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Obtaining consent from an existing patient

Case study: Obtaining consent from an existing patient

Lee, a long-time patient, has not received massage therapy for several months. When she enters the clinic, her RMT, Gina, greets her warmly. Gina always enjoys seeing Lee because they share an interest in interior design and decorating. They seem to have interesting conversations and Gina enjoys Lee’s sense of humour.

Lee sustained several bouts of low back pain over the past five years. Gina treated her repeatedly for facet joint and piriformis syndromes. Expecting a similar concern, Gina asks Lee how her back is feeling. Lee says that her back is a bit sore but not too bad. Since the pattern of their work together has usually consisted of low back treatments, Gina does not assess Lee and encourages her to get onto the massage table as usual.  She notices that Lee seems to have put on a bit of weight but doesn’t mention it because she knows that Lee is sensitive about her weight and body image.

Once Lee is on the table, Gina knocks, enters the treatment room, and undrapes Lee’s back. After giving Lee a similar treatment to previous visits, Gina asks Lee to turn over onto her back. While lying supine, Lee eagerly smiles at Gina and says, “I can’t keep it a secret anymore. Guess what? We’re going to have a baby!” “I am so happy for you,” says Gina and gives Lee a ‘high five’. Gina appreciates how excited Lee must be since they have both discussed wanting babies during previous treatment conversations. She realizes that this must be the reason for Lee’s weight gain, too. Gina spends the next few minutes asking all about Lee’s plans for the birth and how Lee will decorate the nursery. They continue their conversation until the end of the treatment time.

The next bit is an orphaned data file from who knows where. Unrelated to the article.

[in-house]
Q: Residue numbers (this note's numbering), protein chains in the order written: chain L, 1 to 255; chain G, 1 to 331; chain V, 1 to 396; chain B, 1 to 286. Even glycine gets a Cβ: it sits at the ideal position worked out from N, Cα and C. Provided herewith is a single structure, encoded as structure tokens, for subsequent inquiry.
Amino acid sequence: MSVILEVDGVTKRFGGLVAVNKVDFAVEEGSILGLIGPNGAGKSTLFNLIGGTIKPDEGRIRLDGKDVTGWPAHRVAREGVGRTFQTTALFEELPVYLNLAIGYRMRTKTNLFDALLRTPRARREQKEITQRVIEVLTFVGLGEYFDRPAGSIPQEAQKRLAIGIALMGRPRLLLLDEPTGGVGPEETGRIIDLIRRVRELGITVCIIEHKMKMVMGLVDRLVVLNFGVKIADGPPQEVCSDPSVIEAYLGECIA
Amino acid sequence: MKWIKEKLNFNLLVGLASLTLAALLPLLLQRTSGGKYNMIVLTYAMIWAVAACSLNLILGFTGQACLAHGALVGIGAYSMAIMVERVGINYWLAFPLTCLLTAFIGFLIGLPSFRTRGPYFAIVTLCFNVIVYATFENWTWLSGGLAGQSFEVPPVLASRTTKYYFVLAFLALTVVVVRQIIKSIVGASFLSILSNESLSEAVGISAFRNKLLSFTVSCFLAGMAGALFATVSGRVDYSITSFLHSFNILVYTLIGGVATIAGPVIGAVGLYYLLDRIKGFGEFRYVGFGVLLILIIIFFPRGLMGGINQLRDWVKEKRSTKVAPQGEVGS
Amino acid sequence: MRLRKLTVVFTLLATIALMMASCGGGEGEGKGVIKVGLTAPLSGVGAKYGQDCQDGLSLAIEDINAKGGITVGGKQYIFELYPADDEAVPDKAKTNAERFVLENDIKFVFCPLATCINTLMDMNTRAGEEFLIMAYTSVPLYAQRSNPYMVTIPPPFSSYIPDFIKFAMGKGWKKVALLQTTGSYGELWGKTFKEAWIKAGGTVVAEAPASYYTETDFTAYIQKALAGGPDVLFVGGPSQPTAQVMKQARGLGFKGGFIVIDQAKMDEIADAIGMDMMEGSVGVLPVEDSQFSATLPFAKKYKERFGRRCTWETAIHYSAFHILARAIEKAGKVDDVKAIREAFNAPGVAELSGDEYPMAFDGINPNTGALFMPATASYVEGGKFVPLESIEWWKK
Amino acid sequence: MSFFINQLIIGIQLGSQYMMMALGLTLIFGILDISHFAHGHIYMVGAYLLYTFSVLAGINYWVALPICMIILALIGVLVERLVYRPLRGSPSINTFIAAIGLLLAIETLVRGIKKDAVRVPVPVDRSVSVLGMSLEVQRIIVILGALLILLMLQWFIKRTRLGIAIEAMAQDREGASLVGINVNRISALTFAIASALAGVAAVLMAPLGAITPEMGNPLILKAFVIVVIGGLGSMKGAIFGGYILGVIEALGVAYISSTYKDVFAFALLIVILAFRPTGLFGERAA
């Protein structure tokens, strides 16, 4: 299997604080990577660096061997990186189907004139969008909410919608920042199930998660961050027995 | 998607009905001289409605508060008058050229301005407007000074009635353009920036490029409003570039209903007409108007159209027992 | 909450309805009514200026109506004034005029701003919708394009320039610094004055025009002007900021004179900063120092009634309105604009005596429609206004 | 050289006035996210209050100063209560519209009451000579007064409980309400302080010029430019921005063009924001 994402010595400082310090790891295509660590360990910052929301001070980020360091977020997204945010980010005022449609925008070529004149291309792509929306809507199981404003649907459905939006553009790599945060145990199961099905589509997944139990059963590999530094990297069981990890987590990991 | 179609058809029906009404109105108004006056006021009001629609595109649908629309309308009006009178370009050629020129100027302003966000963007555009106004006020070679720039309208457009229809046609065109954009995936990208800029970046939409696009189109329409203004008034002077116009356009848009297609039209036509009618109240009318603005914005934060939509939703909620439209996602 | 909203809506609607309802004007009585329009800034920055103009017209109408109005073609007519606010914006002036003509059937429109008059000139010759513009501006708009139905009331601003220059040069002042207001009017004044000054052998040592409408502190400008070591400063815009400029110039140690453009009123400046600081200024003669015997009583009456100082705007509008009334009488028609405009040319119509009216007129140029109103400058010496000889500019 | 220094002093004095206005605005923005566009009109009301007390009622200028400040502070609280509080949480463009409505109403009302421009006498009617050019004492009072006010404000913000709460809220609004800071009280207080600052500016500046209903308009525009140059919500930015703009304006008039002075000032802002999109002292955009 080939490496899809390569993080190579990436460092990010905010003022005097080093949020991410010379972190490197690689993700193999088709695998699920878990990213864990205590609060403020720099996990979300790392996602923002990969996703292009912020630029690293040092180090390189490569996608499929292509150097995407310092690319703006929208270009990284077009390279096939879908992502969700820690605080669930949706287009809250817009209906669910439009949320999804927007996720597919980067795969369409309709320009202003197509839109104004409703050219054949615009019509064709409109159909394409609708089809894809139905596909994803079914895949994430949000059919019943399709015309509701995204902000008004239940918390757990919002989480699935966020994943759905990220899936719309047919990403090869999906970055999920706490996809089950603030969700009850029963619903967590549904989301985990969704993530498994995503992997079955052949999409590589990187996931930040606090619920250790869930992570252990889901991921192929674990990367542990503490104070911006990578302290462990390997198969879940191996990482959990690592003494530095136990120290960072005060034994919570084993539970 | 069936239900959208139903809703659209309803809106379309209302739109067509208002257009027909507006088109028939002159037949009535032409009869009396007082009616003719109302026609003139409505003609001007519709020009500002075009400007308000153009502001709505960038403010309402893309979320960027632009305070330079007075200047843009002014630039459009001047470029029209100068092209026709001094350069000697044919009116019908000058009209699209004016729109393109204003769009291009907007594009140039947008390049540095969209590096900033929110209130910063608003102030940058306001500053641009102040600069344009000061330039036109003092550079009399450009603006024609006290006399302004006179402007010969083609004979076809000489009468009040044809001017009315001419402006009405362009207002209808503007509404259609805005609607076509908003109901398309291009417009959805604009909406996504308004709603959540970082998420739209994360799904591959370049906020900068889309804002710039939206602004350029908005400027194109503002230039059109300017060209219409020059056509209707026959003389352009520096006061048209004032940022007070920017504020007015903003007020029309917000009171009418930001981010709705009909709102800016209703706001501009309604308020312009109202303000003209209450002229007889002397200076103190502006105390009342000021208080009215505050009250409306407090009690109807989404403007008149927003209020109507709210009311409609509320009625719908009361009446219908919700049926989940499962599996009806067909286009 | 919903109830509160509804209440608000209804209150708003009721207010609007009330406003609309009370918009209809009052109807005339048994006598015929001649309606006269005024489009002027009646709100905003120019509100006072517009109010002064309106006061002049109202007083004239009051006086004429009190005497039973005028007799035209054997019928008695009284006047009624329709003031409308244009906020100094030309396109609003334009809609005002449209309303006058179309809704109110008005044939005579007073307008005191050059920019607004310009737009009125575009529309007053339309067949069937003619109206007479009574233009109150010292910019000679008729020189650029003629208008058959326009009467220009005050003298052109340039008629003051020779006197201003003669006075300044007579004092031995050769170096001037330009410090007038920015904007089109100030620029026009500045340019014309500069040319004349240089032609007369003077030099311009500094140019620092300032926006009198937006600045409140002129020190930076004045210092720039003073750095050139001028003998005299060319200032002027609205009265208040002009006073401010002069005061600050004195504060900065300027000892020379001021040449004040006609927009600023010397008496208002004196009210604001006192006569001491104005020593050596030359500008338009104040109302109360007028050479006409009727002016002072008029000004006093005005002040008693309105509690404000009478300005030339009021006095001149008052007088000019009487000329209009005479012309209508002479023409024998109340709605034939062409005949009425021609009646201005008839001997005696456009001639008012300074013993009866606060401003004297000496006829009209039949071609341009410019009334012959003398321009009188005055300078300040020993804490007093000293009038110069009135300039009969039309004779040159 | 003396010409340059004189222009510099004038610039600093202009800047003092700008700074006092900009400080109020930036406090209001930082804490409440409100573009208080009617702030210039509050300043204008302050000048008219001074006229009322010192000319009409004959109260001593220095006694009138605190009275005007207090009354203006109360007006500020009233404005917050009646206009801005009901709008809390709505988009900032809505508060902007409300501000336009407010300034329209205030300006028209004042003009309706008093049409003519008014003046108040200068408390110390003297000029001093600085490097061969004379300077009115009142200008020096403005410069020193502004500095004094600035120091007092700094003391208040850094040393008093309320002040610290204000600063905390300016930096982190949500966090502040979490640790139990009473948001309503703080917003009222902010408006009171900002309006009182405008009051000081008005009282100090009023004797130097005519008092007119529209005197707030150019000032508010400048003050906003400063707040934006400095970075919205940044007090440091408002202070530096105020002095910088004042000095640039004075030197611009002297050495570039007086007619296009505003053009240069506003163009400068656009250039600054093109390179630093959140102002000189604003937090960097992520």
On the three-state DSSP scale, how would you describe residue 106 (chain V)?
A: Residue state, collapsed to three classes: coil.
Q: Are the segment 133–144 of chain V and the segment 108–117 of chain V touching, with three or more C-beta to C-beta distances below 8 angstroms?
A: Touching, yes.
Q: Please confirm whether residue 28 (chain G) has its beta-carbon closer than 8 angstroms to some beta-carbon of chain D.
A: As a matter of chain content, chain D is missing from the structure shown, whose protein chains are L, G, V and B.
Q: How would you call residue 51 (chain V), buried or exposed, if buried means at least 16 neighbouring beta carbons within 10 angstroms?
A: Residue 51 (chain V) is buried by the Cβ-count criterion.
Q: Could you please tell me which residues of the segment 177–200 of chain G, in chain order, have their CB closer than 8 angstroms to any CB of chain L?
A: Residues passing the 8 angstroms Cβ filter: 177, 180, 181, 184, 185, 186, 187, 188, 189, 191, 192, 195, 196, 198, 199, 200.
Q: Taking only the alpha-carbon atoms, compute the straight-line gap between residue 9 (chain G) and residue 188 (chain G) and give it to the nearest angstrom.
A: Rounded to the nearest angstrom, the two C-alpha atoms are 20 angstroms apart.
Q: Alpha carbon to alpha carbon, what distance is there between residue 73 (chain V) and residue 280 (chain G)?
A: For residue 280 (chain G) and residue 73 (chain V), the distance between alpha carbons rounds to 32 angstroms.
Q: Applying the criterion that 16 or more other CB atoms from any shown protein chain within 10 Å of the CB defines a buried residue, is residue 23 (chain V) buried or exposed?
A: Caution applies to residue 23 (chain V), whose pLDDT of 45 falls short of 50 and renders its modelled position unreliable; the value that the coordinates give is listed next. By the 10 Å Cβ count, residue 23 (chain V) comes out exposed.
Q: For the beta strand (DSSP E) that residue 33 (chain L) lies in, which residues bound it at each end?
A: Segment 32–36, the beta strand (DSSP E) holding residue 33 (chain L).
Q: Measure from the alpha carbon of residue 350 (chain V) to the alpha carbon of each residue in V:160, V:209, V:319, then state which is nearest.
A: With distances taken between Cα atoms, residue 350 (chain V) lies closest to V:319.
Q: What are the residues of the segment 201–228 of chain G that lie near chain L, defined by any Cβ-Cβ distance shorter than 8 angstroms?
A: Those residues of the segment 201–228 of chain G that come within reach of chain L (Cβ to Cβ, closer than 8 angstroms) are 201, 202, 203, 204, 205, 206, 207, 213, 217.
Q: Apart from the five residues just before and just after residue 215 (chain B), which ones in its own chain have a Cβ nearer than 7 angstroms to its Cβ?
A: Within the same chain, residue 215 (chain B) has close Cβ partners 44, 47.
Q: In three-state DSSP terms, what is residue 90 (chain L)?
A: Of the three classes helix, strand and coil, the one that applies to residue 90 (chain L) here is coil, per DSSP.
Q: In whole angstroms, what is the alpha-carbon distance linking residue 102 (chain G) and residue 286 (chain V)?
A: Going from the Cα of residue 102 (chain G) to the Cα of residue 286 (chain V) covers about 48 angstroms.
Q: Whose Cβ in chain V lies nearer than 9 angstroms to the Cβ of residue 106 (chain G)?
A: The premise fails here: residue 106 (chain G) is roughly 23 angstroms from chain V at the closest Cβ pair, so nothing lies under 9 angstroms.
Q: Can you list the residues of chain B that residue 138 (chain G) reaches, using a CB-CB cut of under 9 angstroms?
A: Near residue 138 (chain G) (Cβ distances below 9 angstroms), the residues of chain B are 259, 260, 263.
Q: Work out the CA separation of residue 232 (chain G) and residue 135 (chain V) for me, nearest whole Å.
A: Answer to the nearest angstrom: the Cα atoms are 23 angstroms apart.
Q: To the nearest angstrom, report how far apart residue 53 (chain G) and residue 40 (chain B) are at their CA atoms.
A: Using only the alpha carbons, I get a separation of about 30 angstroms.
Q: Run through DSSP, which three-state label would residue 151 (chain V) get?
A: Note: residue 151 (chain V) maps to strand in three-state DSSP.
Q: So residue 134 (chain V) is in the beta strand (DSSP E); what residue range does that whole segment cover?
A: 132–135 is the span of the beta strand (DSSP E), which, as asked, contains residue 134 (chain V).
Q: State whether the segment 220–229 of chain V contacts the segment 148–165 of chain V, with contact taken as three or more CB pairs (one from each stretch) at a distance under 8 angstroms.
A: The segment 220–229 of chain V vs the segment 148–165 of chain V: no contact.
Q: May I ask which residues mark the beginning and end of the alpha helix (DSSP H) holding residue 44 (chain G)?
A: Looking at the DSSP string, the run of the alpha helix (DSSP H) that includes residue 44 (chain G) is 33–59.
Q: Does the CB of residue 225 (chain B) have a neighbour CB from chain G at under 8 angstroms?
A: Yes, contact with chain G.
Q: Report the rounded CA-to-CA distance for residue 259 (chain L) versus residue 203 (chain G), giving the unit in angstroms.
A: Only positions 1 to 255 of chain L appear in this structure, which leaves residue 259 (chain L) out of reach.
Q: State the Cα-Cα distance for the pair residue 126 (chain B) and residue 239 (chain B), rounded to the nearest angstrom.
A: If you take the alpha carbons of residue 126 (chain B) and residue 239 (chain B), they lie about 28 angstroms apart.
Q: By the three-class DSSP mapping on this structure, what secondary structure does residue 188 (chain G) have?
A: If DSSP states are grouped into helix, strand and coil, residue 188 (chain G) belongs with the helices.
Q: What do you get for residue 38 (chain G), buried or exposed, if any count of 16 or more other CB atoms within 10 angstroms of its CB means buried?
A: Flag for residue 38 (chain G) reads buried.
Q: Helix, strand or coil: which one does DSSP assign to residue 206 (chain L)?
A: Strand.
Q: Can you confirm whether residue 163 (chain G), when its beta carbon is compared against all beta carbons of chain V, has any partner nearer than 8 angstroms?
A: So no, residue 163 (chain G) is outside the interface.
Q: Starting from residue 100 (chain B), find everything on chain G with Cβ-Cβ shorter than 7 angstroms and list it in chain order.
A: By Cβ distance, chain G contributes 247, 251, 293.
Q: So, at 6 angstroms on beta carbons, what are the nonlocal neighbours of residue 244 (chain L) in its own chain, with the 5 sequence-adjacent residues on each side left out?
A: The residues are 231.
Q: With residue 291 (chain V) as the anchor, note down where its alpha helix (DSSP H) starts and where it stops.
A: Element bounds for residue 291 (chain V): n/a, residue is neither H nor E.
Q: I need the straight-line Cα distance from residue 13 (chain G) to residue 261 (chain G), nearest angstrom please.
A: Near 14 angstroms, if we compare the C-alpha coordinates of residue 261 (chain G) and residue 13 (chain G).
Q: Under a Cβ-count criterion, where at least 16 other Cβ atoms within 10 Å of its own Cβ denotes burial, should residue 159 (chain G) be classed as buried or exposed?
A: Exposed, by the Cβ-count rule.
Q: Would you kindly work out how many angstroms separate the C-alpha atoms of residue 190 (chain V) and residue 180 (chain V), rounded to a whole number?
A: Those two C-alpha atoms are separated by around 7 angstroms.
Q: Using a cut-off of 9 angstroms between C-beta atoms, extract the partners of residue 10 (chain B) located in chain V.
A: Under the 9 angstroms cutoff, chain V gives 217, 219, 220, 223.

Do Gina’s actions meet the consent standard of practice?

No. Gina exhibits significant disregard for the consent standard of practice. Gina has fallen into a treatment habit with Lee and forgotten her professional role. She assumes that this treatment is no different than the others. She does not ask Lee about her treatment goals. If she had, she might have learned about the pregnancy sooner. She does not bother to assess Lee and assumes that low back pain has brought her into the clinic once again. She doesn’t explain her approach to treatment nor ask if Lee has any questions or concerns. She does not ask for consent to proceed, nor does she document Lee’s agreement with the treatment approach in Lee’s health record.

In addition, Gina does not recognize the need for special treatment considerations and positioning adaptations as a result of Lee’s pregnancy. She missed an important opportunity to educate Lee on the role that massage therapy might play throughout Lee’s pregnancy. Gina expresses more interest in how the nursery will be decorated than inquiring professionally about Lee’s stage of pregnancy and other health concerns.

This case demonstrates the need to establish a new treatment plan based on a change in circumstances. New treatment plans require that RMTs revisit, revise, obtain, and document the patient’s informed consent.

Consent standard of practice case studies

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